Boost Employee Engagement Using Gamification Techniques

Brett Iredale
8 Jul
Reading time: 4 minutes
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By Ashley Stowers

After reading the title of this post you may be asking yourself “what the heck is gamification and how is this relevant to my company?” Well, gamification can be used by businesses to improve employee engagement and motivation to improve results and solve problems. Technology Advice, describes gamification as the application of game elements to non-game contexts – taking the elements we like about games and applying them to real-world scenarios to make them more interesting and engaging.

“But why would I want employees playing games at work?” you may be asking. Well, gamification has been proven to increase engagement, efficiency and morale, and the positive feedback users receive helps build motivation.

Examples of gamification used in a business environment can be points systems that track completion of certain tasks like on-boarding or compliance training, volunteer or charity events or contests, training and up-skilling, or even an update on the old-fashioned sales board. Points can be spent on either real life or virtual goods, depending on what your company chooses to offer as an incentive (it may be the glory only!).

Rewards don’t have to be just for employees either! Implementing a customer loyalty program is another example of gamification.

Characteristics of a good game can be translated to the workplace.

Whether you’re aiming to improve sales results, increase productivity or improve on-boarding success, the way you plan and structure your game (or gaming elements) is critical to ensure it’s both understood and adopted. Your game doesn’t have to be high-tech or costly, but be sure to include these key elements.

  • Introduction: A solid introduction and tutorial ensures users become comfortable with the gameplay and understand key characters, as well as how to succeed and accomplish tasks. An explanation of the structure and progression of the game should also be provided, setting expectations of what the intended outcome is, what is required of the player in terms of their time and effort and what they can expect to receive for successfully completing the game.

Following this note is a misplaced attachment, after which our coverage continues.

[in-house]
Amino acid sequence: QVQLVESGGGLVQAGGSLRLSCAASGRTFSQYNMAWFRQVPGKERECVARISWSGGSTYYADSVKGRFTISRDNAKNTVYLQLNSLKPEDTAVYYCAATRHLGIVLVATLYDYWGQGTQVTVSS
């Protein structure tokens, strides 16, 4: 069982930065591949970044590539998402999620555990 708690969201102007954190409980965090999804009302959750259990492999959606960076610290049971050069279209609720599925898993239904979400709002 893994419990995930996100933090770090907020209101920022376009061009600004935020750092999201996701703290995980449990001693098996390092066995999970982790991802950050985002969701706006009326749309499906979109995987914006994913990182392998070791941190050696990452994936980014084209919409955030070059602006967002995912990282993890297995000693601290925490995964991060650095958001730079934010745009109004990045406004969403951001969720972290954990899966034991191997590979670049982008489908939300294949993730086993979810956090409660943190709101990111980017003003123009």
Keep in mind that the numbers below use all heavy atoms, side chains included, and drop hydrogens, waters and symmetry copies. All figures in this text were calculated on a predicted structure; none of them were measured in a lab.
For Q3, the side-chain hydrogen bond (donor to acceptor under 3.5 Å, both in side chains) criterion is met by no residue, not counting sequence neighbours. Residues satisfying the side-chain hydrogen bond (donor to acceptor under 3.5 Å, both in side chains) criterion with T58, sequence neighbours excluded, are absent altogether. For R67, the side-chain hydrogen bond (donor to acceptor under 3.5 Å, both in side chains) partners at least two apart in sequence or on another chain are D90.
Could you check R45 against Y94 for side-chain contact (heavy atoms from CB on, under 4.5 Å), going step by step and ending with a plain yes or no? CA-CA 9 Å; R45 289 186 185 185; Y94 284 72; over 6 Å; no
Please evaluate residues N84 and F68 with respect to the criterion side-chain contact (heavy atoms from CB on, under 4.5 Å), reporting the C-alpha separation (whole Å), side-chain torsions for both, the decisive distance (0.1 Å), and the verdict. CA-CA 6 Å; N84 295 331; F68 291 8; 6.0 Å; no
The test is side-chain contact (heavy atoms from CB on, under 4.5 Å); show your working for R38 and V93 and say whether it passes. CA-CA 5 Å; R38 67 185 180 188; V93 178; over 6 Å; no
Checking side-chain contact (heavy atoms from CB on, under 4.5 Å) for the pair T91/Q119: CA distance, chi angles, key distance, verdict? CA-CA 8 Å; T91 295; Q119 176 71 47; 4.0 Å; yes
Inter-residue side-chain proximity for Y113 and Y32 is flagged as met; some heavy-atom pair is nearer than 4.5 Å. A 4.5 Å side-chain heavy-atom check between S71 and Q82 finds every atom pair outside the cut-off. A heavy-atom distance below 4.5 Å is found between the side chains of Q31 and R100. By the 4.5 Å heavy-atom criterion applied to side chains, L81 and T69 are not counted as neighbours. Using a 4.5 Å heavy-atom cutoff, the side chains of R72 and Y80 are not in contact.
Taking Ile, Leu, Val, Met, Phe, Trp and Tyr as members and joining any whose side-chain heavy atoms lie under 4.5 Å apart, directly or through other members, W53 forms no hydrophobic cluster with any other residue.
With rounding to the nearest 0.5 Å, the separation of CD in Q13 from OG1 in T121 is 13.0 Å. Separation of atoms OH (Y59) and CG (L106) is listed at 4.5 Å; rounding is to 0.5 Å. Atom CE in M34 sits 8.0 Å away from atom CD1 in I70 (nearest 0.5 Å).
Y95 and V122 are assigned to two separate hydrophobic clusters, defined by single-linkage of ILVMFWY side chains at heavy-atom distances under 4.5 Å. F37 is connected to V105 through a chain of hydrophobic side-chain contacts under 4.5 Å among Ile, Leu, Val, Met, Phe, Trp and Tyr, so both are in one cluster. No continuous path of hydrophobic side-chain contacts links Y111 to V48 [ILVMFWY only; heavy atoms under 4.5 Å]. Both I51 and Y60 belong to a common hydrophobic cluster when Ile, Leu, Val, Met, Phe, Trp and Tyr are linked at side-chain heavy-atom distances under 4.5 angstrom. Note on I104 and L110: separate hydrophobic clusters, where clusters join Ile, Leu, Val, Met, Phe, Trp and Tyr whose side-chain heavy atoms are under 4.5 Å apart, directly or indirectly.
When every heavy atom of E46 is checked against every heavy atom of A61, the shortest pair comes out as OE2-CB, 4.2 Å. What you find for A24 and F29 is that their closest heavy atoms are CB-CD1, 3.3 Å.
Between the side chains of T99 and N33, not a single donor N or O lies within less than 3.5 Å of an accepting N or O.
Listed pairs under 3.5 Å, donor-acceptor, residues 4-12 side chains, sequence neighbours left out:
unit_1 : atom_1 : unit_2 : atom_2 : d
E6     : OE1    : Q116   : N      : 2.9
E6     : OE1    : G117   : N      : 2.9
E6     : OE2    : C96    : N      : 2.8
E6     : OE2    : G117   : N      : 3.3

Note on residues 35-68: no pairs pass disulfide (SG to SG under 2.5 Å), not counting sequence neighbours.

• Structure: The structure of the game can be determined based on who it’s designed for and what the objective of the game is. For example, I prefer more task oriented gaming with clear goals and set tasks that have to be accomplished before advancing. In a business situation, this option is usually most appropriate. However, having the ability to branch out, in an open-world environment, without limitations, is another common structure of games. Bringing in fun elements like personalized characters, social and collaborative tools, incremental rewards and recognition are important structural elements.
  • Challenge: Arguably, the best part of video games is the challenges they posses, and for many of us the challenge has greater appeal than the rewards. People love being good at something, and most people will become motivated to work through the game to better their skills and master the challenges set in front of them. Games enhance problem-solving skills and promote teamwork. Setting up teams can be a great way to solve problems. If the objective of your game is to solve a complex problem consider team challenges with team rewards.
  • Progression: In almost every video game there’s the ability to check out your statistics, how you’re performing, and how much further you have to go until the next level. This basic concept of advancement and progressing through the game, gives the player a reason to keep playing. Map out how your game will unfold for your players.
  • Achievement and Rewards: Reaching the next level or increasing competence in a given area is key, and gives players a sense of accomplishment when completing a particularly difficult task. In addition, players can earn items (knowledge, virtual currency, points, new locations or levels etc.) when they accomplish tasks. These rewards for a “job well done” create engagement and incentive for players to continue. No one wants to log eight hours of gameplay with nothing to show for it! Choose your rewards based on the amount of time and effort players will need to invest to ensure your game is appealing.

We’re currently seeing some of our customers implementing gamification techniques and tools such as wall-mounted KPI dashboards to encourage productivity and create a fun motivated team environment.

Do you currently have or plan to implement gamification techniques in your workplace?

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